Remembering Crisman Hardware

Tuesday, May 29, 2007 - by Harmon Jolley
Crisman Hardware letterhead.  Click to enlarge.
Crisman Hardware letterhead. Click to enlarge.

“Ed, when are you going to fix our roof?” asked his wife, Florence. “The last time that it rained, the water dripped through the ceiling onto our Zenith floor radio. The green electric tuning eye looked like that it was shedding tears. I was right in the middle of listening to my favorite radio show, “Secret Storm.” I had to use the goldfish bowl to catch the water. Poor little Midas almost floated right out of his home.”

“OK, OK; I’ll call a hardware store and go buy some nails, a hammer, and roofing, “said her husband, Ed. “Hand me the phone book. Hello? Is this the hardware store? Do you sell roofing? You do? The Anco brand and it’s available in many different colors? Well, do you have black? You do? Well, put some back for me, and I’ll be right down. How will I find your store? So, I just look for the sign with the big pocket knife? OK, I’ll be right down.”

Ed was on his way to Crisman Hardware, a well-known store in downtown Chattanooga for many years. Like the Ellis Restaurant with its animated neon frog sign, and the Town and Country Restaurant with its animated coach sign, Crisman Hardware beckoned customers with distinctive signage. In their case, it was a large pocket knife with the name “Crisman” on the handle.

The hardware shop was founded in 1904 by brothers B.A. and Oscar A. Crisman, who were natives of Winchester, TN. The store’s first address was 425 Market Street near present-day Buehler’s Market and Jack’s Alley.

Since those were the days of real horsepower, the Crismans sold horse collars and other components of harness. Area farmers came to Crisman’s for all of the implements of agriculture, including picks, rakes, and fencing. An old photograph of the store shows that the owners used some of the sidewalk to display their wares.

“Prominent Tennesseans 1796-1938” (Gillum) noted in a biography of B.A. Crisman that “he has one of the largest hardware stores in the South.” By 1938, Crisman Hardware was celebrating its twentieth year in a new, larger store at 511 Market Street. The trademark pocket knife sign moved with the store, and was featured on company letterhead.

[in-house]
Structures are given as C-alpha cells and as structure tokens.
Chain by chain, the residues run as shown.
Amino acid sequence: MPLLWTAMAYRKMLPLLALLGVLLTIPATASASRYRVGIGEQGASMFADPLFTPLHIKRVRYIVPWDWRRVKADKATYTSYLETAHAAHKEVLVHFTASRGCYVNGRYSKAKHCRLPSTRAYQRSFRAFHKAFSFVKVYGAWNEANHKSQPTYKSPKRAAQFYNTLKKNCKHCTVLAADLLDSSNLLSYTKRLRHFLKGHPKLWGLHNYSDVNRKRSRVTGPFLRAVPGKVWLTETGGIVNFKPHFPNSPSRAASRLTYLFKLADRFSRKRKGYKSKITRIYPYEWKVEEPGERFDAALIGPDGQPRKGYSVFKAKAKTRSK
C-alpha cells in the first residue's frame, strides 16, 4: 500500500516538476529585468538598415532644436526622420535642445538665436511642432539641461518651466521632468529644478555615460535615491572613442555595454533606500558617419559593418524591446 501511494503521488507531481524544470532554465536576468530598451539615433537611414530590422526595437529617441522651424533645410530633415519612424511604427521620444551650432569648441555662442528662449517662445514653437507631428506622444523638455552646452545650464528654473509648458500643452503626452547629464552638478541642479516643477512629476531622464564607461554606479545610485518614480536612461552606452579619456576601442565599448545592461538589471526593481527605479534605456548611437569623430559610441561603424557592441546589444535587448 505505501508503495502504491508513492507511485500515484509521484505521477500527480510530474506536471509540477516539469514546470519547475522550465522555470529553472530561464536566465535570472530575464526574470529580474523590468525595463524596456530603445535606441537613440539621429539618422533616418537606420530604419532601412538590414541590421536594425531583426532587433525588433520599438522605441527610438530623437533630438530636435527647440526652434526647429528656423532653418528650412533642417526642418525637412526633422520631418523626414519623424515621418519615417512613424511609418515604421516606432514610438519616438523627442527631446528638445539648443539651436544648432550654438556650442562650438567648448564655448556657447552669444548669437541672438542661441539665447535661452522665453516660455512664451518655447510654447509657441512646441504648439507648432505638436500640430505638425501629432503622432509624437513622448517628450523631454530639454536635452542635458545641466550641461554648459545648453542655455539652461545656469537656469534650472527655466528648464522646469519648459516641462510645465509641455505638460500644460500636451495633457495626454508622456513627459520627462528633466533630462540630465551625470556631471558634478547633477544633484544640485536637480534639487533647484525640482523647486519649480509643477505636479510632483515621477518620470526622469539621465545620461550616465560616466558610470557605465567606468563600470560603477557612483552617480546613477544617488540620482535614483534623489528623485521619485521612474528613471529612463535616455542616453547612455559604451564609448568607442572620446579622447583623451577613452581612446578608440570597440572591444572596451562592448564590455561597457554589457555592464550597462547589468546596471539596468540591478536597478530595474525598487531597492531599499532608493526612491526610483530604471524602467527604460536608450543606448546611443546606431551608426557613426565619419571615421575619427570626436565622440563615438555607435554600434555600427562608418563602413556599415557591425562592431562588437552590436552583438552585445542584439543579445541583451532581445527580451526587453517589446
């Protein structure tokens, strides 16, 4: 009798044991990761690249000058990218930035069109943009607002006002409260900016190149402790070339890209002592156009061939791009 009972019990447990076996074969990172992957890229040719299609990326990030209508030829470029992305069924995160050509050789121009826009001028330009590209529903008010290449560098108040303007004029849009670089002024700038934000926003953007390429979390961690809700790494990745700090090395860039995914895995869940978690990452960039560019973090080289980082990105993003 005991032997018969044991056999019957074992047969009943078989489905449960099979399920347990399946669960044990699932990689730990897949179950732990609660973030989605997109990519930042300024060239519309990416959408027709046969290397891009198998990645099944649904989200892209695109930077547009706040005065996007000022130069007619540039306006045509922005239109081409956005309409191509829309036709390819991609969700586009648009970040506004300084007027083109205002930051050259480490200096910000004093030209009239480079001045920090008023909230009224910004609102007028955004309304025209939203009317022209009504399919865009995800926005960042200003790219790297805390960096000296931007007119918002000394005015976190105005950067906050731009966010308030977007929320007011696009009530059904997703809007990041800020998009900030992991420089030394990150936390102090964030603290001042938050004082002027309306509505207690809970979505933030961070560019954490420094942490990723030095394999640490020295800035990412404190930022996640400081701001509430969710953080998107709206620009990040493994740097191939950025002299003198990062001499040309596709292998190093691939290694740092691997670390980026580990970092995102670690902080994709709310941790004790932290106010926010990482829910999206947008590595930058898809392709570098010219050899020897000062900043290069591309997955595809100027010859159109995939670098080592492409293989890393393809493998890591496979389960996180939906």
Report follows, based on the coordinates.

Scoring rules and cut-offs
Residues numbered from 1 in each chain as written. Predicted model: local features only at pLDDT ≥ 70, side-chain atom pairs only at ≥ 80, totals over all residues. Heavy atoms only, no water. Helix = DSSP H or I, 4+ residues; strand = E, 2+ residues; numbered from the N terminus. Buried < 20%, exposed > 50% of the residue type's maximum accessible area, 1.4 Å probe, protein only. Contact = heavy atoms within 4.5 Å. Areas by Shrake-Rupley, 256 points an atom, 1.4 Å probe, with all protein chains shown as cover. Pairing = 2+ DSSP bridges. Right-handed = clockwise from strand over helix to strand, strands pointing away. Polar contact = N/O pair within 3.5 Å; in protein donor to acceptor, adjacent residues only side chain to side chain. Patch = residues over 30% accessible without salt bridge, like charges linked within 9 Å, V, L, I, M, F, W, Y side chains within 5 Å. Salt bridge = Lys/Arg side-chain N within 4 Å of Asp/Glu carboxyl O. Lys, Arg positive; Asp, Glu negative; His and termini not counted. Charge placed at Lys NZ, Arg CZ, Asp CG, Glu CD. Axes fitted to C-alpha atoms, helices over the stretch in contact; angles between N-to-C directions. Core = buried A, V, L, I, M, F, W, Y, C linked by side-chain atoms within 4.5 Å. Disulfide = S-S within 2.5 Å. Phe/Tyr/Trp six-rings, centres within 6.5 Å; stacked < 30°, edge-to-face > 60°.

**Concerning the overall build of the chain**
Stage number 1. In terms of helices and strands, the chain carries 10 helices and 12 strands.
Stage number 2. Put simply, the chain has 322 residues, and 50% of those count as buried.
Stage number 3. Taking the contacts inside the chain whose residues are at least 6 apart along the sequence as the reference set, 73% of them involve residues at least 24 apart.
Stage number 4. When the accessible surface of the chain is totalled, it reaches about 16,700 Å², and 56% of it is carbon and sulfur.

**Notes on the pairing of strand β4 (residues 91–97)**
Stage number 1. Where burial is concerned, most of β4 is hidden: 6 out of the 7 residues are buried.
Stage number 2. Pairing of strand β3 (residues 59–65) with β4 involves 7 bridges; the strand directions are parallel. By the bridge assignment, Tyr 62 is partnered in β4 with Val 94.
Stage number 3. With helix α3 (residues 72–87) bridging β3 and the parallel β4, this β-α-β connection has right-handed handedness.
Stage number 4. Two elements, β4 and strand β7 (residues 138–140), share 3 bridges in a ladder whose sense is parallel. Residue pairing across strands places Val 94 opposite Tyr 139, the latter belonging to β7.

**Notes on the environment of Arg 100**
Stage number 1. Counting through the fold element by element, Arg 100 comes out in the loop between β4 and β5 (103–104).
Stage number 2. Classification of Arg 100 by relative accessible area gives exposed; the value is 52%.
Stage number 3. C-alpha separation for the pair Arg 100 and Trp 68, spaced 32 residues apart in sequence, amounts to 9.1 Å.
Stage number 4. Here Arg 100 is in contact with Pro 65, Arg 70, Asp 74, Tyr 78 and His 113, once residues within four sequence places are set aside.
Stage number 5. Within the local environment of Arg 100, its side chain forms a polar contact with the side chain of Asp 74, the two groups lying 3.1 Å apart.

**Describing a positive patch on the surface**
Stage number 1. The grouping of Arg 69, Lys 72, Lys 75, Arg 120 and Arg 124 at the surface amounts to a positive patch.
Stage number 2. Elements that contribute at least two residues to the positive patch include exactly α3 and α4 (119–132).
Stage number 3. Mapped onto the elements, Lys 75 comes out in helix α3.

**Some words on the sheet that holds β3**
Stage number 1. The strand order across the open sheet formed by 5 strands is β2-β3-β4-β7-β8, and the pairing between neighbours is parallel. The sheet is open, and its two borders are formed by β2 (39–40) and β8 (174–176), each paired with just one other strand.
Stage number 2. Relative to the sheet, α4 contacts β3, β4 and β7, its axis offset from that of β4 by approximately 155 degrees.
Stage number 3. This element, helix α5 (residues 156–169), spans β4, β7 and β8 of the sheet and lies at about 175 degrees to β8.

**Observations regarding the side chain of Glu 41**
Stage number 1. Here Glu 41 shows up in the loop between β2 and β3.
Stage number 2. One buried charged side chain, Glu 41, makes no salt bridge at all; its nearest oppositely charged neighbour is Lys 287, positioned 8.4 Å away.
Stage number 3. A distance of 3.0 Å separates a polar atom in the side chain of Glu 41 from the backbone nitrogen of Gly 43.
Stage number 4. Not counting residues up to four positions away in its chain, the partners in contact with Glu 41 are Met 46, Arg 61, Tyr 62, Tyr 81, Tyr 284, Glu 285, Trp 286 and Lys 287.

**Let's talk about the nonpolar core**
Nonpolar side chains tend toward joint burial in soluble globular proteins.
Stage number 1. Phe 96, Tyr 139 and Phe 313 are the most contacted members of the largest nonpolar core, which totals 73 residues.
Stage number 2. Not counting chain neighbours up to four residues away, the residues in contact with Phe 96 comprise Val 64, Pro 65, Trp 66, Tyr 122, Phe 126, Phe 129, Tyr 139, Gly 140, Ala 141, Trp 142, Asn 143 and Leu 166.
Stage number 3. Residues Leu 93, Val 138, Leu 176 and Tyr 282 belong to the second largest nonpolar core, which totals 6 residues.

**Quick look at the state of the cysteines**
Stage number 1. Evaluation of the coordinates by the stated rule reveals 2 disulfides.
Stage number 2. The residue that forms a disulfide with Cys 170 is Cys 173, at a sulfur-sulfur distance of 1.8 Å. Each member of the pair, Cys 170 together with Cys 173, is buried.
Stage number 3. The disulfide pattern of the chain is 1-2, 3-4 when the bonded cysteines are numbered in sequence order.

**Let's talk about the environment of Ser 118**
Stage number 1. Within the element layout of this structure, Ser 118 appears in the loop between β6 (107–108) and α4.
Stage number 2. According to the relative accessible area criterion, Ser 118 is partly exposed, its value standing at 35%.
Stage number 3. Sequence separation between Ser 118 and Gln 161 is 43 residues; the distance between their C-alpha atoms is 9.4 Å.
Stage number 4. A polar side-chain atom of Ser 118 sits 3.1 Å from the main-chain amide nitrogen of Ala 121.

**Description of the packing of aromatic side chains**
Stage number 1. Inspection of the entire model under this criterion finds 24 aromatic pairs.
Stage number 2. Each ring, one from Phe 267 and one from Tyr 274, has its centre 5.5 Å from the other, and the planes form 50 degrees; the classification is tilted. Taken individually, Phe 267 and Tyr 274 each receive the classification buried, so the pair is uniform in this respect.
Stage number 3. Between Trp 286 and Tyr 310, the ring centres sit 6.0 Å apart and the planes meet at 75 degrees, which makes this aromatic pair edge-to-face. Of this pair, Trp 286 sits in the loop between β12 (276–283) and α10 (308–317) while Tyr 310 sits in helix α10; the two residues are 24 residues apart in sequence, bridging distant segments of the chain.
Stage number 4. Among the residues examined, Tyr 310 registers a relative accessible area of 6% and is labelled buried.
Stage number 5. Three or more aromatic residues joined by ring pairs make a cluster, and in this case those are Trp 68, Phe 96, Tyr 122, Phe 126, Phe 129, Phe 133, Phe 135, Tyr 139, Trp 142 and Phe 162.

The Crisman brothers returned some of the store’s profits to civic interests. Oscar Crisman established Camp Elklore in Franklin County, TN in memory of his son. B.A. Crisman endowed the Crisman Memorial Library at David Lipscomb University in Nashville. The building has since been renovated, and serves as the university’s administration building.

In 1961, Crisman’s merged with Ace Hardware, and moved to 116 North Market Street. Customers continued to come to the 500 block between Market and Broad for hardware, though. The building that housed Crisman’s was demolished for a new Sears Parkade, which allowed folks like the above-mentioned “Ed” to park the car and then shop for tools for various home fix-up projects.

If you have memories of Crisman Hardware, please send me an e-mail at jolleyh@bellsouth.net.

"Look for the Big Knife" was the slogan of Crisman Hardware.  Click to enlarge.
"Look for the Big Knife" was the slogan of Crisman Hardware. Click to enlarge.
- photo by courtesy Chattanooga-Hamilton County Library

Wayne Shearer’s World War II Memoir, Part 3: Off To North Georgia College!

McClung Museum Director To Retire